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DoA's Swine Flu Response

More than 300 local swine have already been tested.

Following the declaration of a public health emergency regarding swine flu - which is a combination of swine, bird and human flu - local agriculture officials are taking precautionary steps with regard to the local pig population.

While there is currently no incidence of swine flu in the Cayman Islands, Director of Agriculture Adrian Estwick says that his department's veterinary staff members have already tested more than 300 local swine for the presence of the Influenza A virus.

"The survey is not yet complete, but reports thus far are negative for the presence of this virus," he said.

Mr Estwick further explained that the DoA is unable to test locally for the specific virus that causes swine flu. Instead, if any positive Influenza A samples are found, they will be sent to the US for further testing. "To date, there are no reports of flu-like viruses in the local pig population and we would like to keep it that way," he said.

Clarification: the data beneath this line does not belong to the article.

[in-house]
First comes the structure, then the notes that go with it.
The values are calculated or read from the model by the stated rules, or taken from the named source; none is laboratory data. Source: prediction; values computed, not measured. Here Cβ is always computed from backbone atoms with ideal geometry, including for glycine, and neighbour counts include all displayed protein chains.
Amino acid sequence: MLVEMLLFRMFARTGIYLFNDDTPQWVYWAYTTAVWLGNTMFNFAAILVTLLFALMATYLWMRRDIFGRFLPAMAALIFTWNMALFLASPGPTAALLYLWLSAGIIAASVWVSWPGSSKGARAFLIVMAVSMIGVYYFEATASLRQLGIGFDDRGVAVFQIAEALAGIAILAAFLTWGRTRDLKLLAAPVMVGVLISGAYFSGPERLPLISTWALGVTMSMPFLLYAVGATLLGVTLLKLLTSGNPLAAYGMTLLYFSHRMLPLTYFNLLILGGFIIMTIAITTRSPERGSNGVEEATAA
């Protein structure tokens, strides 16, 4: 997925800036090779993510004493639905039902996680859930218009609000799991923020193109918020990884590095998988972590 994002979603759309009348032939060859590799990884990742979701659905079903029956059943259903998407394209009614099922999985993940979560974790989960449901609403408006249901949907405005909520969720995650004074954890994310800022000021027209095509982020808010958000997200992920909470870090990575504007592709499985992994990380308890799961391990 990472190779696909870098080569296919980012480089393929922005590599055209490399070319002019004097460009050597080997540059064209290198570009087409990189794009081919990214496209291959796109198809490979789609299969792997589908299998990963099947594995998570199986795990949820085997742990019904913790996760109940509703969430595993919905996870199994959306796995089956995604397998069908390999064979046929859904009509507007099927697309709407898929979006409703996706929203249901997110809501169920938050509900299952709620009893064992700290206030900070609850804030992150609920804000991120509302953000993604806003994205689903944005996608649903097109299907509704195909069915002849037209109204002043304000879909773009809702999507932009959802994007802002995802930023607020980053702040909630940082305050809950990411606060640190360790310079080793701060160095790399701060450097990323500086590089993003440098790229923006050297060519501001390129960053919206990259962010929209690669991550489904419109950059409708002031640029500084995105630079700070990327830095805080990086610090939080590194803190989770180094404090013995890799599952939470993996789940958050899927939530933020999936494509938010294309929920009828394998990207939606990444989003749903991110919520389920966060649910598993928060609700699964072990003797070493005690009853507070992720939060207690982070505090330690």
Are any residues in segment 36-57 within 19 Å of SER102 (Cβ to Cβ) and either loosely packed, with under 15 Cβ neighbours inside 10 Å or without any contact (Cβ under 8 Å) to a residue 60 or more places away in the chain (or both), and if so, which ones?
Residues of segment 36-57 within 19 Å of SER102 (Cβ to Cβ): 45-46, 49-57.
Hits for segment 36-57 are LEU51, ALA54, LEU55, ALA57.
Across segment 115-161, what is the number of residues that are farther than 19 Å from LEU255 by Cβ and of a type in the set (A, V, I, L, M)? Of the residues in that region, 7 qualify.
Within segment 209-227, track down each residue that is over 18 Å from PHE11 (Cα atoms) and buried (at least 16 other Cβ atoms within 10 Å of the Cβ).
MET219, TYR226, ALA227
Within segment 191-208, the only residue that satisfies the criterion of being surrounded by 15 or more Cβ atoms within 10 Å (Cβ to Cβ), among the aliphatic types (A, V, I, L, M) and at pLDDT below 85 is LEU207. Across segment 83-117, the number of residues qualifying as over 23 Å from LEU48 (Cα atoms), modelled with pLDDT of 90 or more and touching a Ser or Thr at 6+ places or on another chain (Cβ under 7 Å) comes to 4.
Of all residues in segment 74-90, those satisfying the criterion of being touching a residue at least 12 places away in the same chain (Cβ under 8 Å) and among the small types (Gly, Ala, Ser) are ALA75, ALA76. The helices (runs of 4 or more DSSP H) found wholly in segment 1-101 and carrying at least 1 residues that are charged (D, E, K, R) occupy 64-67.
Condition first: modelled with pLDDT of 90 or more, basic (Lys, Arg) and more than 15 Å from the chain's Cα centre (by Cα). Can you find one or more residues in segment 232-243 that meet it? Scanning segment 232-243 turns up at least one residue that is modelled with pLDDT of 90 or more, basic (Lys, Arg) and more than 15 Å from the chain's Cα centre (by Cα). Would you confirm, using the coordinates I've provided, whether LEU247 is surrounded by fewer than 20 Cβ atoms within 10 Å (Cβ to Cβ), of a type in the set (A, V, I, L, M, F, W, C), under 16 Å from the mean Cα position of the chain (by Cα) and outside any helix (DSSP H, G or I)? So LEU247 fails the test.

In the interim, the department is considering imposing a temporary restriction on the importation of live pigs. However, live pig importation into the Cayman Islands is rare, the last occurrence being in December 1998. For artificial insemination purposes, semen was last imported in May 2005.

Responding to questions concerning contaminated pork, Mr Estwick explained: "There is no evidence of swine influenza being transmitted by meat."

A letter received from the US Department of Agriculture (USDA) Caribbean Basin Agricultural Trade Office Director Sarah Hanson also confirmed this and advised that pork and pork products remain safe for human consumption.

Her letter also stated that there have been no reports of Influenza A H1N1 occurring in swine in the United States.

For additional information on swine flu, visit the Centre for Disease Control website link -

For further information contact: Kenisha Morgan